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3 The “Crime” of Lu Xun, Anti-Enlightenment, and Chinese Modernity: A Critique of Liu Xiaofeng’s “Christian Theology”

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Chapter Summary

This chapter examines Liu Xiaofeng's study of Lu Xun. His condemnation of Lu Xun grew stronger from the first publication of Deliverance and Dalliance in 1988 to the revised edition of 2001. As Liu sees it, Lu Xun's "greatness" lay in "cold, awake eyes" that only proved his Western dalliance; furthermore, the fact that Lu Xun became a fellow traveler of Western modern nihilism was the result of his own reevocation of the arrogant aloofness, wildness, and absurdness of the Wei and Jin culture, and the heartlessness of Cao Xueqin's stone. In Liu Xiaofeng's view, Christianity is greater than enlightenment humanism, because the fire of enlightenment that Lu Xun stole from the West is unable to solve the problem of human nihilism. The Great Cultural Revolution was a social movement of modernization; it was a concentrated and extreme expression of the issue of modernity in China.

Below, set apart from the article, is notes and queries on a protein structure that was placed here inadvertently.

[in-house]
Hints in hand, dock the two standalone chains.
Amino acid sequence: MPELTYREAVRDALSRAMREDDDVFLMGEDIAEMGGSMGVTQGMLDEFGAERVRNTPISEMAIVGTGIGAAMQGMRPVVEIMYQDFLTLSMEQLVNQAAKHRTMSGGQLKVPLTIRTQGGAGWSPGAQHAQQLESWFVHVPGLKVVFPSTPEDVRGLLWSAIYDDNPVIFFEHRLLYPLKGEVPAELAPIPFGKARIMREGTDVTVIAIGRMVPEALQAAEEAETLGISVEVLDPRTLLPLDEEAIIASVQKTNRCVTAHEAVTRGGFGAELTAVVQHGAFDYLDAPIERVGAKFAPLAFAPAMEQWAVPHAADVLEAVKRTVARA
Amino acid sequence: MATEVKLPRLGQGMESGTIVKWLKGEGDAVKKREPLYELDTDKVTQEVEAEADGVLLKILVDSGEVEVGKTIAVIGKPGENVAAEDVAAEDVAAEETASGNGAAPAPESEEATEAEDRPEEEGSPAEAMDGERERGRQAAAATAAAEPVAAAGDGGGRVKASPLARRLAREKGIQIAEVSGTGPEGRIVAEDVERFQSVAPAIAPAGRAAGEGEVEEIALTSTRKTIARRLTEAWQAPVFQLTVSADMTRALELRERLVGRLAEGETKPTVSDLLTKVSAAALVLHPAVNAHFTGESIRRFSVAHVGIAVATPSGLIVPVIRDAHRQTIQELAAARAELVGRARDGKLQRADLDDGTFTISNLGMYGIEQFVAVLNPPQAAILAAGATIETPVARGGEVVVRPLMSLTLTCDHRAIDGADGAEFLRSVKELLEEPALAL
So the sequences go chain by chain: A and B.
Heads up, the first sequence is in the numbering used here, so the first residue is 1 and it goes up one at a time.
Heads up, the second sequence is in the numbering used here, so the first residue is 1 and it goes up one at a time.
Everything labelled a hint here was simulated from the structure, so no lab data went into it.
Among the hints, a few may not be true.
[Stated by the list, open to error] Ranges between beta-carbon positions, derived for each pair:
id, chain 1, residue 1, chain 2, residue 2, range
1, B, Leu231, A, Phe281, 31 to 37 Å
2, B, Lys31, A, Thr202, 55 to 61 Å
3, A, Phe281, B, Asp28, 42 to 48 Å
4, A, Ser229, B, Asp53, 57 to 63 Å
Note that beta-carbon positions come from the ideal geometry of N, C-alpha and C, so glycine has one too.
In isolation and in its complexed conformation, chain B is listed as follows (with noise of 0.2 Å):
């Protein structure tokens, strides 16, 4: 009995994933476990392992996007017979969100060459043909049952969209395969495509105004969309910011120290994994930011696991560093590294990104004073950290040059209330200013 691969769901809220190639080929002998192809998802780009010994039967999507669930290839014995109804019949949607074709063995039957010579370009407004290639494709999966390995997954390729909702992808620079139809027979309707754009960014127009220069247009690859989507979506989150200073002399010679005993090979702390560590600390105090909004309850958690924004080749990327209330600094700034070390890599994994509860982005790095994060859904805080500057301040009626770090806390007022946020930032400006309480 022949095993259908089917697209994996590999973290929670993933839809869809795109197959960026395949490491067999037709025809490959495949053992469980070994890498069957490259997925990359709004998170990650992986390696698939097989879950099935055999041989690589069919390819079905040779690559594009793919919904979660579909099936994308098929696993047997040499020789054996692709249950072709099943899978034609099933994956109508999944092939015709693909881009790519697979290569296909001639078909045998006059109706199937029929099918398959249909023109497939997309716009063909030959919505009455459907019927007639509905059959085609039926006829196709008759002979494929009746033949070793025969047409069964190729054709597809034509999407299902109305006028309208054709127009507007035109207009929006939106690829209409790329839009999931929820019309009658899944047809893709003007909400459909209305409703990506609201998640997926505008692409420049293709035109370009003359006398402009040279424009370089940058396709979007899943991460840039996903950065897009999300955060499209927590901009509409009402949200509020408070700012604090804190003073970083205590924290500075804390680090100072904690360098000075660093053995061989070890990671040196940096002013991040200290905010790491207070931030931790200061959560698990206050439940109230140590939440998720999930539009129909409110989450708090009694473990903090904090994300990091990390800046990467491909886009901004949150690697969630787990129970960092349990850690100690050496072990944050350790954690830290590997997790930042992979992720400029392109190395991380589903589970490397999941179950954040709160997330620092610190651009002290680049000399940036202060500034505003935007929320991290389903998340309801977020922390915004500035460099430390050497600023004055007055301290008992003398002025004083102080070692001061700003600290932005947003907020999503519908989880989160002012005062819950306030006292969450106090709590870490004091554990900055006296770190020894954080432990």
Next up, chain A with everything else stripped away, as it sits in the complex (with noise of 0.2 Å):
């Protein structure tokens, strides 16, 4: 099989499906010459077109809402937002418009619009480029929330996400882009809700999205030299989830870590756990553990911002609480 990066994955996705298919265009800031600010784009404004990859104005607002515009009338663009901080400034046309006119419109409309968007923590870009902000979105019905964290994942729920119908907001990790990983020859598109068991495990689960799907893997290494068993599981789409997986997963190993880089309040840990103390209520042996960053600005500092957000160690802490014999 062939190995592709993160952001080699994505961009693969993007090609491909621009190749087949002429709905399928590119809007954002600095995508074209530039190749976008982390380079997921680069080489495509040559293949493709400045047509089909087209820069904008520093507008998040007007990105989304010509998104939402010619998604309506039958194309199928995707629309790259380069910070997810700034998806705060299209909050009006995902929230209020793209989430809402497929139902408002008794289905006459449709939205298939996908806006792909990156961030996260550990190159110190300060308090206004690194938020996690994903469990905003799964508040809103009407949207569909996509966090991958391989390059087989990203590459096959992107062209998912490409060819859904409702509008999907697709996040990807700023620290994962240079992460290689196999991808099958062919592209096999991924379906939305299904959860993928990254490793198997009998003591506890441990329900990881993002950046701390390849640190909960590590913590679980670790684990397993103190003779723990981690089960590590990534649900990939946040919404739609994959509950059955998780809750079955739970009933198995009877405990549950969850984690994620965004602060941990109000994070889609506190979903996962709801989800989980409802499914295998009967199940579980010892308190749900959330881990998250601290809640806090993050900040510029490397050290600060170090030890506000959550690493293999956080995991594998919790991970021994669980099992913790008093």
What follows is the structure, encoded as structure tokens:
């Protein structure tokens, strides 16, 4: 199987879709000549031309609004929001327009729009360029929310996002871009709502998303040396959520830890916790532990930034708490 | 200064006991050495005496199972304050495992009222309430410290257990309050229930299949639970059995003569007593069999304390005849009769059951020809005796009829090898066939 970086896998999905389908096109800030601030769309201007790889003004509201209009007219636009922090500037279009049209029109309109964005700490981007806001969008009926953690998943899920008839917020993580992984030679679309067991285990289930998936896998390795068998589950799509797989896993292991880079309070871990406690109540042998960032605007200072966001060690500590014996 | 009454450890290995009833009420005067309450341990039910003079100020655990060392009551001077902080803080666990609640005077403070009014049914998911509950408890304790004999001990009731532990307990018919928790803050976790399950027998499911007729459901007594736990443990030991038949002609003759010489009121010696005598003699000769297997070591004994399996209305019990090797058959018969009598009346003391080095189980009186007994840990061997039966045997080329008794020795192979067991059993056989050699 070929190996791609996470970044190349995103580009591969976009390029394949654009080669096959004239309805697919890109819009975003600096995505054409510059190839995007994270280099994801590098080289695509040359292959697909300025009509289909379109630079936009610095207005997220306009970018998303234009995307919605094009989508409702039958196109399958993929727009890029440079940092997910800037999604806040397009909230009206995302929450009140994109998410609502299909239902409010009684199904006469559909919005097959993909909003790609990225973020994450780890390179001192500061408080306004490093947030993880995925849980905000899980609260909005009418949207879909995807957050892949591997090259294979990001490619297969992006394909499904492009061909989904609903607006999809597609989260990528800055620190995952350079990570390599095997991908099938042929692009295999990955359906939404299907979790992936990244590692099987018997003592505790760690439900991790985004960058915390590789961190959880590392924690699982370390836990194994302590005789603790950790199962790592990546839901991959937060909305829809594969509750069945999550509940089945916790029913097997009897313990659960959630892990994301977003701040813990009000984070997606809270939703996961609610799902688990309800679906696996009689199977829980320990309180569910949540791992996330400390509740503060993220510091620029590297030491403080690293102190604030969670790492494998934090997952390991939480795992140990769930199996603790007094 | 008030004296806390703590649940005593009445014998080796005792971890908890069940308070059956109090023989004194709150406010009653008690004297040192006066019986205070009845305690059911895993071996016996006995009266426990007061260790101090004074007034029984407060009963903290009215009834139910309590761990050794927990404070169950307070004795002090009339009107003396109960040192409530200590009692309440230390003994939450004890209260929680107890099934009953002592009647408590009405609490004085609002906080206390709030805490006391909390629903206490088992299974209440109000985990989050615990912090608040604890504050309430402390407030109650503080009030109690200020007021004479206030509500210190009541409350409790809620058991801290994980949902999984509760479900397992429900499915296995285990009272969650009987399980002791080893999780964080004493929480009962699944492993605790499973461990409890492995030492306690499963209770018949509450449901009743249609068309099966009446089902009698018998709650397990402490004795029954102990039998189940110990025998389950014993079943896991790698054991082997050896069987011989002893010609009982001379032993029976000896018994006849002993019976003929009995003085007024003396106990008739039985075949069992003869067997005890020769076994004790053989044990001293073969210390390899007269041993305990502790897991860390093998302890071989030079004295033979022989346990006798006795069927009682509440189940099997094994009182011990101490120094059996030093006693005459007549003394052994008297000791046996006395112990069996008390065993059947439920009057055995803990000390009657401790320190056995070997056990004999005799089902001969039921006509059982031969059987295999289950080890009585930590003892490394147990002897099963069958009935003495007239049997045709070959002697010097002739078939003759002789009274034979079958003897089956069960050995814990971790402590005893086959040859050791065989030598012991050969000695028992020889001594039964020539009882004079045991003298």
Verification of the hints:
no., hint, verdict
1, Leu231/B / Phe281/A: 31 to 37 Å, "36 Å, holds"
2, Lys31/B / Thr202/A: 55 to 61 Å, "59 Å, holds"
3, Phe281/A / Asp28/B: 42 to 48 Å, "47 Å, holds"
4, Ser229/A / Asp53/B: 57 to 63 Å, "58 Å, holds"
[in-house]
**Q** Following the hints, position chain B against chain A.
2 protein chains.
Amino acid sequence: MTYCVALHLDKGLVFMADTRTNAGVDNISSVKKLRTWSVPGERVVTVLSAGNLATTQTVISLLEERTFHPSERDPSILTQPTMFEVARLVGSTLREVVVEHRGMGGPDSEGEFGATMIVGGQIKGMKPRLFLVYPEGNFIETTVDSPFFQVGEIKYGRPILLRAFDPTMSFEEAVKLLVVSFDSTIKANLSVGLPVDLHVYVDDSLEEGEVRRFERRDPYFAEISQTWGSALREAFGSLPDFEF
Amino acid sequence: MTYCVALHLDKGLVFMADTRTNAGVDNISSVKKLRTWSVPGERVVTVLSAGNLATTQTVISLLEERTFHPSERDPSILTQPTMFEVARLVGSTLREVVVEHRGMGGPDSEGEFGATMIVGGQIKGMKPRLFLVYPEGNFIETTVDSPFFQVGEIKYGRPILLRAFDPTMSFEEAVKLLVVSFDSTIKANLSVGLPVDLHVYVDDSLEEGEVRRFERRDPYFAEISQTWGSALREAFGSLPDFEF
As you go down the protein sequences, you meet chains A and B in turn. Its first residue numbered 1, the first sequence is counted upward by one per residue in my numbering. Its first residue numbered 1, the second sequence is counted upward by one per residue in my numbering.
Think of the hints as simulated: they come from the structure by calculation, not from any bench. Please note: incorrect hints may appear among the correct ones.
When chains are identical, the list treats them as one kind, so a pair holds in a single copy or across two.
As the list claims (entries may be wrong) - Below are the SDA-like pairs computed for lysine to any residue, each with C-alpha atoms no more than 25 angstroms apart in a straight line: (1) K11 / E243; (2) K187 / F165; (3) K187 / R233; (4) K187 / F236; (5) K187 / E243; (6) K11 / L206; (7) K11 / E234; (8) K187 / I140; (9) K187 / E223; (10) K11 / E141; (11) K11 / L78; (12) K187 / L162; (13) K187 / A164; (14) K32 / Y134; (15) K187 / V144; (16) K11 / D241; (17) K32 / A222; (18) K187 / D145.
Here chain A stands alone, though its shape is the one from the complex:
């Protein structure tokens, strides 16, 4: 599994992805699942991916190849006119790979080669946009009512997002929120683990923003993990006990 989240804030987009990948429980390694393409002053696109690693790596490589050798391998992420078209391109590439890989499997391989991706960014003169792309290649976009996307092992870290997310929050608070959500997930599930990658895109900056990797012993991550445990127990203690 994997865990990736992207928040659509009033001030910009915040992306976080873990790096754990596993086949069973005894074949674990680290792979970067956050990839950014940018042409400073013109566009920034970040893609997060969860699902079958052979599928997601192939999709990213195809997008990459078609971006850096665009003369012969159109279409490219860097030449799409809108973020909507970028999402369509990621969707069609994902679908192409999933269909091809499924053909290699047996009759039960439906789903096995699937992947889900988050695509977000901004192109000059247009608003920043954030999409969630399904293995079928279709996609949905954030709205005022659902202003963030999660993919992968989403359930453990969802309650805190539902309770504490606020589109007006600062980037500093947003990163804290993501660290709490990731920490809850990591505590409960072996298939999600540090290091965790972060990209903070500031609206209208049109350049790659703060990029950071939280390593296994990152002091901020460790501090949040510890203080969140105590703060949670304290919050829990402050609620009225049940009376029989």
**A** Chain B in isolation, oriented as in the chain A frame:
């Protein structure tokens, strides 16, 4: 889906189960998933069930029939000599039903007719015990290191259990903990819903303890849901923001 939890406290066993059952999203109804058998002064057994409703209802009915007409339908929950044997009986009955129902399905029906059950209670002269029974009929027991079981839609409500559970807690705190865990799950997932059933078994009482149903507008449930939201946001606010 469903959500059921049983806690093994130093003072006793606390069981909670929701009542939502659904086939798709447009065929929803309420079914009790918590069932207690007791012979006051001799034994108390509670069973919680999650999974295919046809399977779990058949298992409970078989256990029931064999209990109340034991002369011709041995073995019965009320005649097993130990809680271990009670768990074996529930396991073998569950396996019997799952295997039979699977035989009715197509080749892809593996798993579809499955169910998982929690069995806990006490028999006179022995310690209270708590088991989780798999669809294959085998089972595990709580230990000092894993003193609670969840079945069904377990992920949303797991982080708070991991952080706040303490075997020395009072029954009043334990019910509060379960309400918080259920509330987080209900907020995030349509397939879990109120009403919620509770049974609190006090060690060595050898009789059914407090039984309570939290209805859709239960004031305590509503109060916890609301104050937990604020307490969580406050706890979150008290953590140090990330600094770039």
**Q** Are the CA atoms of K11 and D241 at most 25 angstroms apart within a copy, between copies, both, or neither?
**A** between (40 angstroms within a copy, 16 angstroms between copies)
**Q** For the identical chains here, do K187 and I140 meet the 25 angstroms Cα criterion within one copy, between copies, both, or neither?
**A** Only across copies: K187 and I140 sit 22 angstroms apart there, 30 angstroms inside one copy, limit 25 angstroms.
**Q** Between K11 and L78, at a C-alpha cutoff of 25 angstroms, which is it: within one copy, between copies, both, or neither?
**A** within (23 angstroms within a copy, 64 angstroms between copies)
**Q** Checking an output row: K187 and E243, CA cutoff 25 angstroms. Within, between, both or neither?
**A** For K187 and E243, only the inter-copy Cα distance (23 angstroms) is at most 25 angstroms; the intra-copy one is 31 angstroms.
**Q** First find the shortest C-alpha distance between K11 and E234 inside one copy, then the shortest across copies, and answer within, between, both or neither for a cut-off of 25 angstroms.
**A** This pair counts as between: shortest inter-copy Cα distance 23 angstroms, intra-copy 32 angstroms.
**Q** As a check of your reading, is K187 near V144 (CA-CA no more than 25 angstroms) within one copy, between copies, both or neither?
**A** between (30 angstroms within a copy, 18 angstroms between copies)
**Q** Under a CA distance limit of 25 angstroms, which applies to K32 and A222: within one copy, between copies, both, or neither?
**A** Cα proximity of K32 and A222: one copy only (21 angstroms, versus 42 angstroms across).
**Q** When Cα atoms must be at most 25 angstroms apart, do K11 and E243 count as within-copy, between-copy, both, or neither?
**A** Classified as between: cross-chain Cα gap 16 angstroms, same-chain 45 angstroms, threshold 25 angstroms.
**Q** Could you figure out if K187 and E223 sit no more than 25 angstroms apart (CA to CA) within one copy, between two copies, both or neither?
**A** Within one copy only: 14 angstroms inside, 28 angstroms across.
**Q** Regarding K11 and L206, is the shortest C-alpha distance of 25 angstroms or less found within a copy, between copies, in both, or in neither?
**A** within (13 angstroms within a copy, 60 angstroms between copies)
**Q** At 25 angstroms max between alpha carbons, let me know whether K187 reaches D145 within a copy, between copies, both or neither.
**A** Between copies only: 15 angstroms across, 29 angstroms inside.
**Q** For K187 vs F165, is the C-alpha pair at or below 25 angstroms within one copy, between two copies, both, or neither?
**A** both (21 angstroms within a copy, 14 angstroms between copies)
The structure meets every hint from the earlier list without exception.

Keywords: Chinese Modernity; Christian theology; Christianity; Eschatology; human nihilism; liberalism; Lu Xun



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